There are many works here that I admire but, on this occasion, I was keen to see a sculpture by James Havard Thomas, a sculptor active from the 1880s onwards until his death in 1921. The particular work is called ‘Lycidas’. It is a life-sized nude sculpture of a young man. His model was Antonio, his Italian servant from the time when the artist lived in Southern Italy. The work was rejected in 1905 by the Royal Academy as being too life- like and ordinary. What Antonio made of this rejection is not known!
In London, so off to Tate Britain to see the exhibition ‘Queer British Art: 1867- 1967’, held to celebrate the 50th anniversary of the passing of legislation to partially decriminalise homosexuality. The gallery was heaving with visitors heading for the major David Hockney show; somewhat telling that a gay artist drew bigger crowds than this attempt to show how being gay influenced the art.
I had a few problems with this exhibition, the largest being that not all the artists featured were known to be gay. The suggestion that he or she might have been is just a posh version of what the awful tabloid newspapers do when they want to ‘suggest’ a person’s sexuality.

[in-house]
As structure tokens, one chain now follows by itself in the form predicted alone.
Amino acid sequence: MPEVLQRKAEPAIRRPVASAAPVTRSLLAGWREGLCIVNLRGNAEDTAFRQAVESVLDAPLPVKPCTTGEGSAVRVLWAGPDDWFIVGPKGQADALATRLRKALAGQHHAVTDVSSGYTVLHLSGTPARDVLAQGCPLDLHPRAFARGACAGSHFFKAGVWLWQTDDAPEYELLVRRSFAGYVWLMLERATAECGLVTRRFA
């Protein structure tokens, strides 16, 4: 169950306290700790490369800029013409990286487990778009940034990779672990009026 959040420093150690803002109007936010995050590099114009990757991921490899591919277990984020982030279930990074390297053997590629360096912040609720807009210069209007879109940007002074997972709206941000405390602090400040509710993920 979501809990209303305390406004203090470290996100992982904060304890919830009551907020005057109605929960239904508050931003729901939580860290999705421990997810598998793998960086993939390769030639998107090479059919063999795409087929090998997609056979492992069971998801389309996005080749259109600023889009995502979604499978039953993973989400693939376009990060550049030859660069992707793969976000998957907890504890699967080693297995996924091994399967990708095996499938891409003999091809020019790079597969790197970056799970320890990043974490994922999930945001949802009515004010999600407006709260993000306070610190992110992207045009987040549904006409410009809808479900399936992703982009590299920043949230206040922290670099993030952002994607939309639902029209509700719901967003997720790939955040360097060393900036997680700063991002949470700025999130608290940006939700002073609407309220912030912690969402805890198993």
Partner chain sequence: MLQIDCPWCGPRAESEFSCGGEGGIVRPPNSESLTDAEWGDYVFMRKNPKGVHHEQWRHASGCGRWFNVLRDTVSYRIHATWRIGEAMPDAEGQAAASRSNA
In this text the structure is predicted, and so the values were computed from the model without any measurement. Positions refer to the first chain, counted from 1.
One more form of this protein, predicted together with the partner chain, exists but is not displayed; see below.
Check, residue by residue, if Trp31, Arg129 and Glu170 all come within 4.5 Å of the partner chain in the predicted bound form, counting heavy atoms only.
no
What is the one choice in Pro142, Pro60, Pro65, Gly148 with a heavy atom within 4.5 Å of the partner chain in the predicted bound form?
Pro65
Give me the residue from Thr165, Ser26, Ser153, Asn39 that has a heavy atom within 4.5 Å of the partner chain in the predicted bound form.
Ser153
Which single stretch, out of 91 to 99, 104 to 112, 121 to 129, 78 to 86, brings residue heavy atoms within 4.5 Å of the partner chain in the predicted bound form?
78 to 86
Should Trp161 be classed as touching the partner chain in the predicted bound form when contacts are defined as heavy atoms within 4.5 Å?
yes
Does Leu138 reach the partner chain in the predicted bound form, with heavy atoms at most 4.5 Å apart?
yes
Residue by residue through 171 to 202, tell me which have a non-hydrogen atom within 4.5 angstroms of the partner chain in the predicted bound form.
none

Having grown up in the 70s when being thought to be gay by others was enough to bring around the abuse, it was a bit disappointing to see the same (but more refined) approach being used on people who are long dead and cannot speak for themselves. Lord Leighton’s work is here which seems to be enough to decide he must have been gay. I take the point, made by the curator, that many paintings were coded to convey messages that would have been picked up by gay people but that does not mean that all the Victorian artists here were gay themselves.